CIVIL DISCOURSE

 

WE MUST DO BETTER

The shooting of lawmakers practicing baseball was horrific.

My prayers go out to everyone involved.

I’d like to think this latest event — which is certainly an extreme act of lost civility — is the last straw.

However, we’ve had so many “last straws” over the past few years that I suspect this won’t be the end of the ongoing problem.

As I see it, the problem is that we’ve all become so polarized and insensitive that we don’t really communicate with each other.

We talk past the other person.

And we certainly don’t listen or understand or empathize

This is not a Republican issue or a Democratic issue.

It is an American issue.

We can do better.

No, we must do better.

We need to use this tragic moment as a major “Ah-ha” moment a lesson that no good can come out of the incessant politicking and blaming and polarization.

Kenneth A Tannenbaum,

Jacksonville

^

ALEXANDRIA SHOOTING

WE MUST WORK AS ONE

The violence in Alexandria is only one of numerous examples of how outraged and divided our citizens are today.

It is spawned by internet and news sites that both provide and encourage material that only inflames the prejudices of many people.

Politicians have quietly stood by and through their silence taken advantage of and encouraged such partisanship.

They now should take the lead by working with each other in a true effort to improve the lot of all citizens and the nation as a whole.

Each of us can also do our part by not encouraging and participating in this derogatory discourse be it on the internet or in public.

We need to keep in the forefront that we are one nation — one that attained greatness by working together under a common bond for the good of all versus an elite few.

Lou Orban, Southside

^

POLITICAL NOVICES

NOT READY TO LEAD

It has become exceedingly apparent over the last few months that merely having been a businessman is insufficient experience for becoming president of the United States.

In this particular case, filing for bankruptcy six times does not show great business acumen.

Lying to creditors, not paying contractors and deceiving potential investors are all additional actions that clearly do not make someone presidential material.

Actions and behavior must always be taken into account.

While Mitt Romney had been a very successful businessman without a tinge of dishonesty in his business affairs, he also had been the governor of Massachusetts.

In addition, Romney’s leadership abilities were quite apparent during the 2002 Winter Olympics in Salt Lake City.

He’d have likely been a great president.

For the future, Americans have to think carefully about experience and quality and integrity in choosing its next president.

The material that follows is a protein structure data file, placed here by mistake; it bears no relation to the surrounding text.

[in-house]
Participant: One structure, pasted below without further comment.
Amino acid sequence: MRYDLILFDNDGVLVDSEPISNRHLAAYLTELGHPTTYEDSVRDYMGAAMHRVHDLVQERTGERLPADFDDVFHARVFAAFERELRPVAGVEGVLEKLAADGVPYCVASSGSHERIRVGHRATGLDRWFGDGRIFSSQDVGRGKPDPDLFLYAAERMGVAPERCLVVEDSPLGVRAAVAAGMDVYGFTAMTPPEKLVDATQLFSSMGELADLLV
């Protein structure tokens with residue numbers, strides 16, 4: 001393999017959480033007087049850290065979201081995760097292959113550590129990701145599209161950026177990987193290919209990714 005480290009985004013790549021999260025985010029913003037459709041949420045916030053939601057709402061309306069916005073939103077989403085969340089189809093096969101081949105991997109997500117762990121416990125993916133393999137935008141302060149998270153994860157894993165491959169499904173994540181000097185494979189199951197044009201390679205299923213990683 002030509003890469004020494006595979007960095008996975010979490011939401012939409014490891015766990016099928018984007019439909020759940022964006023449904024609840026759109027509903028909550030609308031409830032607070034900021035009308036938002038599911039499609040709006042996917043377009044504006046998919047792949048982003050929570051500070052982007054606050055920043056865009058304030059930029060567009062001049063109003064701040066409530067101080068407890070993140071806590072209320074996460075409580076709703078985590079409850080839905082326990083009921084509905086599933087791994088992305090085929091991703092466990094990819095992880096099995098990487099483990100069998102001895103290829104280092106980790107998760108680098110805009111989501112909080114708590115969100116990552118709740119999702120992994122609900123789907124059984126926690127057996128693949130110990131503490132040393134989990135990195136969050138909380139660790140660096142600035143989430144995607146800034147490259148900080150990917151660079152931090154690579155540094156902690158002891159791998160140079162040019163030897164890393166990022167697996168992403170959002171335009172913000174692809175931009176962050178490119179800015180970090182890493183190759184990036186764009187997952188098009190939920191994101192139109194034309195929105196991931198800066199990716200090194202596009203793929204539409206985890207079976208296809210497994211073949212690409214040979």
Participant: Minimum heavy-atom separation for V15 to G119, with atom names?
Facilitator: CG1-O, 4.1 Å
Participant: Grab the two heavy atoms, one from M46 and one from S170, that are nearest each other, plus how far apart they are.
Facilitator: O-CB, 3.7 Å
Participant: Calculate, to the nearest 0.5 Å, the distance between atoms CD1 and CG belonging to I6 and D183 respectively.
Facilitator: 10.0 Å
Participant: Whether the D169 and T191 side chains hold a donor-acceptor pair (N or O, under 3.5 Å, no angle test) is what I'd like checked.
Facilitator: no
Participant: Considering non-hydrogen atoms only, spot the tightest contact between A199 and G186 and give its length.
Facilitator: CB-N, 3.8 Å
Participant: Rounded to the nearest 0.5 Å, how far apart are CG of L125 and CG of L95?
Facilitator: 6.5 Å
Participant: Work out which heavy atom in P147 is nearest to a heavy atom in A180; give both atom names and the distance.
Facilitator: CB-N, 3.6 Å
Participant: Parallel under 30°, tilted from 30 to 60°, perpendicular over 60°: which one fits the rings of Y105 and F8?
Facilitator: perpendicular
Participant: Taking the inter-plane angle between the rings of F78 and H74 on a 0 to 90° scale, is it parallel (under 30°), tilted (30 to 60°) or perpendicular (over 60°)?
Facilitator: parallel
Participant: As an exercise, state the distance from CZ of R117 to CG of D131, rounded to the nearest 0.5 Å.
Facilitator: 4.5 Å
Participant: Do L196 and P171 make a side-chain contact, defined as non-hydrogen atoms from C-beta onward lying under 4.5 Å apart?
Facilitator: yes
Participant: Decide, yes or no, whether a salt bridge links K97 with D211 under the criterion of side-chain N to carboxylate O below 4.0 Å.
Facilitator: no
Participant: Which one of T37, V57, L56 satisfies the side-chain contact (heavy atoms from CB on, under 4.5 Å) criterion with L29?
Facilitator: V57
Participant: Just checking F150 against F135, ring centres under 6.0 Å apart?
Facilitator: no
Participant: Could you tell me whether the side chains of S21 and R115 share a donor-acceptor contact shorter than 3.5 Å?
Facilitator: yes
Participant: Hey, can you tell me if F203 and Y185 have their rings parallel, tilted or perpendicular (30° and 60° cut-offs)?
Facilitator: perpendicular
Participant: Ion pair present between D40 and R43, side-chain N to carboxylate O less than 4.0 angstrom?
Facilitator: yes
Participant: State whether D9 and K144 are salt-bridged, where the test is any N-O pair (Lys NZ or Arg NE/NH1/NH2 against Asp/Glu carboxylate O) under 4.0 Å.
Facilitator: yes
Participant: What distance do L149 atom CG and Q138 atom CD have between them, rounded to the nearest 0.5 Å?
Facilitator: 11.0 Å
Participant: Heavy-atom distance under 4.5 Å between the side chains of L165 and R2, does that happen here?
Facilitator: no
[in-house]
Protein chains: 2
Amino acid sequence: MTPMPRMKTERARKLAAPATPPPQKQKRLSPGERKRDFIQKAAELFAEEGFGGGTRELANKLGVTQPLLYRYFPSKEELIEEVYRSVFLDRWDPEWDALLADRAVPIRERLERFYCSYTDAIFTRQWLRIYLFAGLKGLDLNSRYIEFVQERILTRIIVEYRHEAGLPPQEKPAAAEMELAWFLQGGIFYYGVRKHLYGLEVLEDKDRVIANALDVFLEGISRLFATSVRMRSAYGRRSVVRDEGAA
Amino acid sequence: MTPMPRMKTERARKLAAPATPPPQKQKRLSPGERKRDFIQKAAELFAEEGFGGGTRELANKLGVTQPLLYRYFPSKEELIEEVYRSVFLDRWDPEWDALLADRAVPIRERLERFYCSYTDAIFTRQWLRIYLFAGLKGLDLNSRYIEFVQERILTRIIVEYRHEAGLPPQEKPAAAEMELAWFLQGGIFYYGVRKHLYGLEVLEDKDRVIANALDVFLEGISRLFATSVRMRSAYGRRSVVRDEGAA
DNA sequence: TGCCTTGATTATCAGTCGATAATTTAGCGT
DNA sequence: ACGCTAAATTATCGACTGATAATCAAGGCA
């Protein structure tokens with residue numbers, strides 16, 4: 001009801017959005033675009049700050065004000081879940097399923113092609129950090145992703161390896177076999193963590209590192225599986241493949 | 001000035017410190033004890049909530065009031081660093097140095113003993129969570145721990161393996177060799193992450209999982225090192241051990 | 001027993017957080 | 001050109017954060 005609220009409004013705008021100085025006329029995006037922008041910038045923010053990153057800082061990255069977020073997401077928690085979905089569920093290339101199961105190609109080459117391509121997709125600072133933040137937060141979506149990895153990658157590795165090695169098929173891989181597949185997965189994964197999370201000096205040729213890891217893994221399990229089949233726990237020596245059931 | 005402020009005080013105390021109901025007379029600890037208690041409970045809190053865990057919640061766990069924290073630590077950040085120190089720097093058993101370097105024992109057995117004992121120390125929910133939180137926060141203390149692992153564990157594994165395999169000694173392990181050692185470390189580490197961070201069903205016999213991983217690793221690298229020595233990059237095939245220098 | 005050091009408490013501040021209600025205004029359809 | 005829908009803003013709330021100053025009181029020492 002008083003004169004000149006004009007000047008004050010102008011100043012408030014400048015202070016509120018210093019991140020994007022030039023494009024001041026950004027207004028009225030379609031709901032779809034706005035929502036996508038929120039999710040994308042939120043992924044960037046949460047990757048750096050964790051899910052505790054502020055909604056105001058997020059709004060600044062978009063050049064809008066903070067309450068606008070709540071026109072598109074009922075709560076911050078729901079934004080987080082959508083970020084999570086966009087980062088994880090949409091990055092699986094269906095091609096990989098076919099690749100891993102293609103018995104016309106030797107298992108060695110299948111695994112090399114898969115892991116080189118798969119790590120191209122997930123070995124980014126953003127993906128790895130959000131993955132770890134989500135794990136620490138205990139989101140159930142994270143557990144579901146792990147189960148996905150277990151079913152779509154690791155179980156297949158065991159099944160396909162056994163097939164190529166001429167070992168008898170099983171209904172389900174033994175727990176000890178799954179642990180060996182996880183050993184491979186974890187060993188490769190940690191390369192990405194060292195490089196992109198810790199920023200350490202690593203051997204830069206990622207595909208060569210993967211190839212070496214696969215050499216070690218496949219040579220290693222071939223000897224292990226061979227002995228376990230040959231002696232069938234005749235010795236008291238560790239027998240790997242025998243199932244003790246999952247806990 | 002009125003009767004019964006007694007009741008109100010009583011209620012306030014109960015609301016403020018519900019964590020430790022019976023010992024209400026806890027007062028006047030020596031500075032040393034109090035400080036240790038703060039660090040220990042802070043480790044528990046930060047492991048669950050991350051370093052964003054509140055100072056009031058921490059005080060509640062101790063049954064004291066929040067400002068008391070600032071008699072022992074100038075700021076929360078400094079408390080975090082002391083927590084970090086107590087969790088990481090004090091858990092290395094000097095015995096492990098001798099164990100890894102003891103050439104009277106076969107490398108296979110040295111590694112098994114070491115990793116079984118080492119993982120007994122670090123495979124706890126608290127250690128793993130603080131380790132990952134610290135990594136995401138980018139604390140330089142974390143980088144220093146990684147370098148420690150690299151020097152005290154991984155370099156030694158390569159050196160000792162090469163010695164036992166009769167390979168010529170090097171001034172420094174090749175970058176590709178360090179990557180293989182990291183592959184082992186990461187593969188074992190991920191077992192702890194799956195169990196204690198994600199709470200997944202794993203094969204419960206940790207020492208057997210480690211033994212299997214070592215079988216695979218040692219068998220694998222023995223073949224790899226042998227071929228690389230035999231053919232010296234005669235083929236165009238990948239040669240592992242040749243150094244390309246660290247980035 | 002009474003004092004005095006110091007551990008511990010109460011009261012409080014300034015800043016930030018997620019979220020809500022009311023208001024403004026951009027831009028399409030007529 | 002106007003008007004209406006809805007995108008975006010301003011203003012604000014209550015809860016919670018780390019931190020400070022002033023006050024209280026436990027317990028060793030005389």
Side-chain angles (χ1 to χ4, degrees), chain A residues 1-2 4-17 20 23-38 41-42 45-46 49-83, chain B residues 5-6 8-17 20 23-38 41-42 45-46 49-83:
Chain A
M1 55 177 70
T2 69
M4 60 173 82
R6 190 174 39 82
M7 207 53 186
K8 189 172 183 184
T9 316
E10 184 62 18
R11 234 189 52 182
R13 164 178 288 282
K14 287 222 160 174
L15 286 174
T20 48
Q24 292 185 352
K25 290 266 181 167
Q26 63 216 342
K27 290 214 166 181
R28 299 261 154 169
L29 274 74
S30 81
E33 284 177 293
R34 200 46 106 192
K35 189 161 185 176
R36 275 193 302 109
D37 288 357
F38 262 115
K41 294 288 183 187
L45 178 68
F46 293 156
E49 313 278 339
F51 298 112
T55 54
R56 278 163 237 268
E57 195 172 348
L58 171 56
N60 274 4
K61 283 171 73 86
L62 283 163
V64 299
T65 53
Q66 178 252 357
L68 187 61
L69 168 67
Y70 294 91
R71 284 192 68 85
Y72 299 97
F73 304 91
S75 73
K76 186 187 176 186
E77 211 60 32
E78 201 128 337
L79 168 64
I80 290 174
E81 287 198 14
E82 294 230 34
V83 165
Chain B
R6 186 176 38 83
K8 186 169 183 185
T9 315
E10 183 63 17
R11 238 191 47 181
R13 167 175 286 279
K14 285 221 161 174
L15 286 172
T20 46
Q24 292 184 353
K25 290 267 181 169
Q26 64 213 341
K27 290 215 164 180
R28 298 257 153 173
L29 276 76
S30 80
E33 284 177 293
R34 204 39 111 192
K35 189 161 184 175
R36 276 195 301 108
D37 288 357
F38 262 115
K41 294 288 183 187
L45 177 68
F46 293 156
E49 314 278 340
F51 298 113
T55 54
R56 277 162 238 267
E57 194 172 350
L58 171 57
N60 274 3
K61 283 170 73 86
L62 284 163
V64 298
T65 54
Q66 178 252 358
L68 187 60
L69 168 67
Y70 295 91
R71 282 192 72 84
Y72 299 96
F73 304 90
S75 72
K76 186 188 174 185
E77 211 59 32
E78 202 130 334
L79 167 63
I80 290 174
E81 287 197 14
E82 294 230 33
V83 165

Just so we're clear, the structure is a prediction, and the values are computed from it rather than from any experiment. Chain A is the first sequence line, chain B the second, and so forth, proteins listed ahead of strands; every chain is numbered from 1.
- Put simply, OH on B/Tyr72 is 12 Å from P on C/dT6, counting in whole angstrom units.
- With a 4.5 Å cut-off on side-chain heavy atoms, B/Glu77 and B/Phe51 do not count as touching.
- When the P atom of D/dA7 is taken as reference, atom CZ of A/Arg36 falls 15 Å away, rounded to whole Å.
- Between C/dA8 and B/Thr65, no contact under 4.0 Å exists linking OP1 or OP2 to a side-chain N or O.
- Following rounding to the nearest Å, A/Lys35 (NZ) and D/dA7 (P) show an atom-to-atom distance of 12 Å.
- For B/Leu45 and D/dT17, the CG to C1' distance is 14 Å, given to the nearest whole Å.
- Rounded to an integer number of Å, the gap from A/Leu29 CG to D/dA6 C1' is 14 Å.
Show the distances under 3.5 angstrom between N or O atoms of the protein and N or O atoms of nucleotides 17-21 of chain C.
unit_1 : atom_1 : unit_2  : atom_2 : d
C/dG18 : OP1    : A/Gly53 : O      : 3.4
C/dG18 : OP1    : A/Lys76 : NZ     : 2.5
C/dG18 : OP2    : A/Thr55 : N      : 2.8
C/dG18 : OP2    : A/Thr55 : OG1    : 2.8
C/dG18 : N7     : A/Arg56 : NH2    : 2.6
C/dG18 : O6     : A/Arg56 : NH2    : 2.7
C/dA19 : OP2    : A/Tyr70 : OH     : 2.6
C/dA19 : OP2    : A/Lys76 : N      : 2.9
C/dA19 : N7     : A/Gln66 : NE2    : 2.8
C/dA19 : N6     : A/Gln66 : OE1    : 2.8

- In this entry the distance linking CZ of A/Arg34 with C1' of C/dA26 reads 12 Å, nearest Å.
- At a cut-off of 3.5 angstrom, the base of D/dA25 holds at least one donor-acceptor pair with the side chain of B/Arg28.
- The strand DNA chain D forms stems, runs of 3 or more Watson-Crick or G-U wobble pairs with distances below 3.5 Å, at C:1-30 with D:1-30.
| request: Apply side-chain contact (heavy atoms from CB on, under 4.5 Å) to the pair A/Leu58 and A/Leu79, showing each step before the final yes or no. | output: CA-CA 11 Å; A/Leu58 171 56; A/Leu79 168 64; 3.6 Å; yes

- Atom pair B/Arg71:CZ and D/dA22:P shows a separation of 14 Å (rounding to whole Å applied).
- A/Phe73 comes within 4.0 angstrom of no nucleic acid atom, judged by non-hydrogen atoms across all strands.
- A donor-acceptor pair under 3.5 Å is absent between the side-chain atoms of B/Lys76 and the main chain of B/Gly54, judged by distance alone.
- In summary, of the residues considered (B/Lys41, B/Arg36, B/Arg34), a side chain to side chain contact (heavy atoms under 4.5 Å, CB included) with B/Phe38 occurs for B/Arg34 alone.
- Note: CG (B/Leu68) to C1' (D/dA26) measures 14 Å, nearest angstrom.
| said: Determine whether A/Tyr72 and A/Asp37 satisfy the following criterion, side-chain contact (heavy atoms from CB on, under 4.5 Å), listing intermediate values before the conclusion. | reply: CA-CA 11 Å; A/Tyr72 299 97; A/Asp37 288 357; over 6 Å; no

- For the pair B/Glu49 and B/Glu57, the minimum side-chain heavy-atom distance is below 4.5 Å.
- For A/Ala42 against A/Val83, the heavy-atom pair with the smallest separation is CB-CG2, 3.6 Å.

Otherwise, what the United States is now experiencing will plague our country again.

Terri Quint, Ponte Vedra Beach

^

story placement in the t-u

missing the big picture

The June 14 edition of the Times-Union included eight pages of international, national and local news in the A-section, which is where one looks for such news.

Yet an article detailing the passage of legislation affecting the monumental issue of veterans affairs — in accordance to a promise made by President Donald Trump — was on page B-6.

It was likely missed by many readers.

I don’t always read the Sports and Life sections in their entirety — which now leads me to wonder what other trivial news I may have missed.

Morgan Lawrence, Jacksonville

^

STATESMANSHIP

A LOST ART

Once upon a time, a United States senator was someone regarded as being the epitome of statesmanship: eloquent, well educated, a model of decorum, well spoken, well versed in the facts.

Now we have senators ranting, raving, using vulgar language, leaping to conclusions, degrading fellow senators and having little or no knowledge of subjects on which they speak.

Some have even accused the president of the United States, the Attorney General and a four star Marine combat veteran of being liars and traitors.

It is politics gone insane.

How far we have fallen!

Bill Breese, Jacksonville

CIVIL DISCOURSE

SELF-INTEREST RULES

The potential for civil discourse in today’s climate is very limited.

Those opposed to President Donald Trump’s goals, both Democrats and Republicans, wallow in their swill in the public trough.

Their obstruction of the president’s efforts to achieve his administration’s goals is due to the fact that the swamp is full of those who place self-interest above politics and the issues.

Meanwhile, the public suffers from a national heath plan that is vertical and insurance oriented — doctor to consumer — and community coordinated health care that once existed in our communities is only a memory of a few.

Our citizens and taxpayers deserve better than this.

Let us pray for some light in this darkness.

Henry C. Warner, St. Augustine